Statement by Becky S.
General and Plastic Surgery Devices Panel Center for Devices and Radiological Health Food and Drug Administration, DHHS
October 15, 2003
I got silicone gel implants at age 33 to look more appealing after childbearing. Eight years later, I was diagnosed with an autoimmune disease.
In 1995, after many years of pain and ugliness, a mammogram indicated that I had a rupture on the right side. My breasts were atrociously ugly and the fact that my intention was to be more beautiful was ironic. I was also aware that something else was wrong. I was achy, tired, and I began stumbling while trying to jog. I was also having intense pain around both my breasts and under my arms, which I passed off as capsular contracture. I had a new baby around that time and he was keeping me pretty tired. Finally, after a visit to my gynecologist, and me telling him about my aches and pains and numbness and my unrelenting headache, an MRI was ordered. It came back positive for multiple plaques in my brain.
Then, I learned I had a ruptured implant and I had them both removed. I was actually relieved to be able to get them out. I was ready to go without anything until the plastic surgeon acted like it was an unspoken agreement that I would have saline implants put in during the explantation surgery. Like a dummy, I didn’t stop him. I thought that he must know how ugly I would look if I didn’t have replacement implants put back in. I acquiesced as I respected this doctor and looked upon him as a friend. He scoffed at my queries about autoimmune diseases. He said that “some women are looking to make money” and there was nothing that supported any fact that silicone implants were a cause of autoimmune diseases.
He showed me the Harvard Nurses study, saying it proved that there was no link between my implants and my illness. Little did I know that the Harvard Nurses Study included many women who had implants for just a few months or years.
I so wanted to believe him. I so wanted to be able to have implants. I wanted to think that he was right. In 1995, I had the silicone implants removed and saline implants put in. I didn’t like them, but I finally was without pain and that was a relief. In 1997, the left saline implant ruptured and deflated, and I had it replaced. Then 3 months later, the other saline implant ruptured and deflated exactly the same way. I had that one replaced too. I had begun to read up on the problems that “those women” had with their implants and it sounded very familiar. I remember wishing I had known about this before I ever got the first silicone implants, and thinking that, I am already sick and it’s too late to do anything about it. I also remember thinking that, it is now 5 years after the first allegations surfaced and there is still no proof. It was and is very disheartening to me. My common sense told me that no human or animal body could withstand the “hits” from the toxic substances in silicone without reacting to it, eventually. Yet a solid scientific link had not been discovered. I was also unaware that many stories were written with a biased trend in favor of implants. Many authors were dependent on large drug companies or medical device manufacturers for a part of their income and the reporting was one-sided and heavily in favor of silicone implants.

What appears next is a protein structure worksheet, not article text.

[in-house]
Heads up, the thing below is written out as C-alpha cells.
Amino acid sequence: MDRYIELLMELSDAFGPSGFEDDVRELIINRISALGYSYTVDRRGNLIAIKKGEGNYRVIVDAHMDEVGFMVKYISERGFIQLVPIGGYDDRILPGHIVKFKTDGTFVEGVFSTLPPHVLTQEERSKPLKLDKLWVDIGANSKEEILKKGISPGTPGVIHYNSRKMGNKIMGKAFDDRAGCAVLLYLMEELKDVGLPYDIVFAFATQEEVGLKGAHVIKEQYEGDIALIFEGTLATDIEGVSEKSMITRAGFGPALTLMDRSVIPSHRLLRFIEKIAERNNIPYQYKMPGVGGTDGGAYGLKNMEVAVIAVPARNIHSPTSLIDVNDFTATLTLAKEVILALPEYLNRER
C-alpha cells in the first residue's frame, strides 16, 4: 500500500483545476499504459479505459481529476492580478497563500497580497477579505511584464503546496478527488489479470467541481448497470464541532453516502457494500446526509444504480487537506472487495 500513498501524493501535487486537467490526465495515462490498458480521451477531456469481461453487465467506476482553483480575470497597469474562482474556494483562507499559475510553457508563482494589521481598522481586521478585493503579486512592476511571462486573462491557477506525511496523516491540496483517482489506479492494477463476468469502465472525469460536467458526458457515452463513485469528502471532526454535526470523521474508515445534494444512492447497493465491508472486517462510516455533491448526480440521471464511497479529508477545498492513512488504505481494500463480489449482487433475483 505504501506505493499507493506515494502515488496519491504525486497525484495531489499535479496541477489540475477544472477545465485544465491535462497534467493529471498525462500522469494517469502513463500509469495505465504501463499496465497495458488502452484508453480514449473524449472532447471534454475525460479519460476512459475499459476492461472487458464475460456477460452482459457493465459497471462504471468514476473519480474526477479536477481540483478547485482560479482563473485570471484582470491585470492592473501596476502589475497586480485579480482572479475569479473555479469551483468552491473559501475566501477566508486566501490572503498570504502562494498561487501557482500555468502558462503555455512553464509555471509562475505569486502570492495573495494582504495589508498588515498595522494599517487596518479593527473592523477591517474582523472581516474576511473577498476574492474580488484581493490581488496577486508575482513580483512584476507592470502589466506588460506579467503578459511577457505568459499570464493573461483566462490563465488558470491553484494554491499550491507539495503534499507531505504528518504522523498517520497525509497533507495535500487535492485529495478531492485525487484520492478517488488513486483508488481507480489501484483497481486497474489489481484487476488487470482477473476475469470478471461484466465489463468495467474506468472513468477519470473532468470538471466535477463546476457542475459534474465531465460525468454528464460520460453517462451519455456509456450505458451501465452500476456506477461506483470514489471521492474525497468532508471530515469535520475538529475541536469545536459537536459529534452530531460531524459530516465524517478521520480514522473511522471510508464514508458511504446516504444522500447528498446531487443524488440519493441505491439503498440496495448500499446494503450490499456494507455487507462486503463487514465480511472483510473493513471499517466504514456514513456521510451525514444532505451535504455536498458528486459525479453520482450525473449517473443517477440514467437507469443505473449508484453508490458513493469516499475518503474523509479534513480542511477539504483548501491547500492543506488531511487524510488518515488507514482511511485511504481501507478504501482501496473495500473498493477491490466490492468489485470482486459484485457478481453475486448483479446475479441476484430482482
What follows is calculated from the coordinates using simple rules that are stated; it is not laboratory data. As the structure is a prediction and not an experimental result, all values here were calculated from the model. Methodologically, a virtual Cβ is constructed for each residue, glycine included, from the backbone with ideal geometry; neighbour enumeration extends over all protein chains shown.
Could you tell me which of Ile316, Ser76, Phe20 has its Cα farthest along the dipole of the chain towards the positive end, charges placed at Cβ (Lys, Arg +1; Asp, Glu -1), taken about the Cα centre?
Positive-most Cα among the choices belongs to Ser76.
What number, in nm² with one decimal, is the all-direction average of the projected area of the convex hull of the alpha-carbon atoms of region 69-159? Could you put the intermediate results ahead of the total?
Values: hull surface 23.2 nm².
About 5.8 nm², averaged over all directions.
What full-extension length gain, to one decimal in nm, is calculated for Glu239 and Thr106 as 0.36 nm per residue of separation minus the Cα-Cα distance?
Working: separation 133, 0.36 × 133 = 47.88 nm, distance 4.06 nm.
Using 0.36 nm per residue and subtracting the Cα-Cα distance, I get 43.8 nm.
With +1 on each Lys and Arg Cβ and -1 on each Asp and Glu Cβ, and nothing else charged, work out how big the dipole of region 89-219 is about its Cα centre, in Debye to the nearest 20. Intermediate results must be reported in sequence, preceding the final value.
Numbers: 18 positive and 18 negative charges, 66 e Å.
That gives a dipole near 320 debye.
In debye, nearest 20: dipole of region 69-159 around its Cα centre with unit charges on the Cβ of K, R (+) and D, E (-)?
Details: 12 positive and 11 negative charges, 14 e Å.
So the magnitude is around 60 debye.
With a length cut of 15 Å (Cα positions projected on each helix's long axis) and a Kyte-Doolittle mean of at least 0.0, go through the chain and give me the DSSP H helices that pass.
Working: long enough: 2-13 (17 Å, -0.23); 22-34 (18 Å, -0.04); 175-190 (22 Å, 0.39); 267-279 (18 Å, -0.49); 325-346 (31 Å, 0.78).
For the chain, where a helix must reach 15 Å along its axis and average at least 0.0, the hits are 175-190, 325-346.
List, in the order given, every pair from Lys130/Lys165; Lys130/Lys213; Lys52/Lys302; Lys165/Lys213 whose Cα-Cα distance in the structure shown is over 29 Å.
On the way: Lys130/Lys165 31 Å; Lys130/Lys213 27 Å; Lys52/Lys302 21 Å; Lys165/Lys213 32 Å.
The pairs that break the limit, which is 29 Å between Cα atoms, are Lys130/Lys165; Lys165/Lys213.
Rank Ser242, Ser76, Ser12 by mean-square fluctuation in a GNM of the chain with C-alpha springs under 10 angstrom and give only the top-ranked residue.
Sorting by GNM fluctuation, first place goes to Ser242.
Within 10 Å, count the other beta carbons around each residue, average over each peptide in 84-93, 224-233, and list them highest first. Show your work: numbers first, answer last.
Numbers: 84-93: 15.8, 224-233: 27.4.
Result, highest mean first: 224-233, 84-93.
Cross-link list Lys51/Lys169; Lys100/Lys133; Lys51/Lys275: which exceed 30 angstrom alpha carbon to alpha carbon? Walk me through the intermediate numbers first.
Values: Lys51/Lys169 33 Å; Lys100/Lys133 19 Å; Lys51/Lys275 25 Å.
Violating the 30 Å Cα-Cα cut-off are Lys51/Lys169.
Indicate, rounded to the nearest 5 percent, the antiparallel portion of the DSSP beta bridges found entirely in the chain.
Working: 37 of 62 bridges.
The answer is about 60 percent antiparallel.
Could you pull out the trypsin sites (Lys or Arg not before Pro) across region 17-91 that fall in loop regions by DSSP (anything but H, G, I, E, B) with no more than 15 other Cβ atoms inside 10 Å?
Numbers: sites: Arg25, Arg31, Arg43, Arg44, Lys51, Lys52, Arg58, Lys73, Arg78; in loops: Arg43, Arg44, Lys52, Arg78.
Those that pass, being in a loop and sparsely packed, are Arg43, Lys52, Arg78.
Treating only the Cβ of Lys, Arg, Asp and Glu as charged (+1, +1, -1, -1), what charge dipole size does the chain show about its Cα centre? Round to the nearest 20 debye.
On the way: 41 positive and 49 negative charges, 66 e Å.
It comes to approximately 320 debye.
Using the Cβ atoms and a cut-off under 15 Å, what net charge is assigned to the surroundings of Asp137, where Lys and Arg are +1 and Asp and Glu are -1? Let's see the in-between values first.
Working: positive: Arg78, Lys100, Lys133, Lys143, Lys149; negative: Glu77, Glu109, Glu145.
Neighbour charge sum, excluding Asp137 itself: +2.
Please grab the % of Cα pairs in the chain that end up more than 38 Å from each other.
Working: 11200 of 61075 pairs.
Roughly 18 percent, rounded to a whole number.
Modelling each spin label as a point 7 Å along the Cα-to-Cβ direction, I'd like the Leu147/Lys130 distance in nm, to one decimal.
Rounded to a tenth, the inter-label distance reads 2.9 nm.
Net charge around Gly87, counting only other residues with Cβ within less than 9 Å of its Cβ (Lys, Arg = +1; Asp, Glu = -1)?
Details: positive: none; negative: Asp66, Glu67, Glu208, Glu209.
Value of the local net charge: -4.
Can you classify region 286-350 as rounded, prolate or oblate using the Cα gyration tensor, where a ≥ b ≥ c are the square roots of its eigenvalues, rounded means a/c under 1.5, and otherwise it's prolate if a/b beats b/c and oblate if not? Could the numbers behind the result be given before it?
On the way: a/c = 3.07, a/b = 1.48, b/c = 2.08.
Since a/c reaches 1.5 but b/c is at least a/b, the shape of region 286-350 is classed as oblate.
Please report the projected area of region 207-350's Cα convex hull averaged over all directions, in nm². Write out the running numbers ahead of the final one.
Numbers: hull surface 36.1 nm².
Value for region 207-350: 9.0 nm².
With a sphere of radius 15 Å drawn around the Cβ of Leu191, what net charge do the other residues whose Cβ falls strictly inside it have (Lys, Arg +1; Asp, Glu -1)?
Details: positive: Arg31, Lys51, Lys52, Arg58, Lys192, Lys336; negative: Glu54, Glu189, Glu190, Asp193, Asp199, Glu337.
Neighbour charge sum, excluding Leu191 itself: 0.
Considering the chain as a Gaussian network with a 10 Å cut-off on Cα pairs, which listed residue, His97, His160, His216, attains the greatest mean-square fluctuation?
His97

The ruptured silicone implants have spilled silicone throughout my chest area and under my arms. I still have silicone lumps that I must have biopsied to make sure they are silicone and not breast cancer. If the manufacturers were making any money on silicone clean-ups and autoimmune diseases, we would have had our proof long ago, along with a cure.
I used to be a Registered Nurse before the “MS-like disease” took away my mobility and my ability to think clearly under pressure. I used to have a life. Now, there are a long list of activities I can no longer do. I used to be a very active and outgoing attractive woman/mother/nurse. My hair has thinned so much that my son calls me “that creature from Tales From The Crypt.” I get frustrated easily. I stopped hugging people for fear they would feel the hard balls on my chest. Now, I have two saline implants that need to be removed as soon as possible. They are long past their “safe” date in today’s standards and a recent mammogram showed that the left one has a slow leak with loss of volume.
I went to a well-respected plastic surgeon for a consult. She found two more silicone spots in my chest and estimated that an explantation with a cleaning up of the silicone and a mastopexy would cost about $9,000.00. For an explantation alone, I would need about $7,000.00. My husband is semi-retired. Needless to say, we are not making the kind of money we used to make on a two-person income in a thriving medical community. It seems that the bills are always so large and nothing is ever left to save. We are finally selling our former home, but there doesn’t seem to be a buyer right now. My promise to myself is to take that money and immediately have my implants removed. I may never regain my strength and mobility back, but I will have peace of mind about removing the silicone-covered implants.
In the meantime, none of the women in the Dow Corning settlement have ever received a dime. They keep talking like they are going to do it, but we may all be dead by the time they ever get around to it. Meanwhile, many of us don’t have the money to get our implants taken out. I call this the “Merry-Go-Round” of implantation because once you get on it, it is very difficult to get off.
Becky presented her testimony to the FDA on October 15, 2003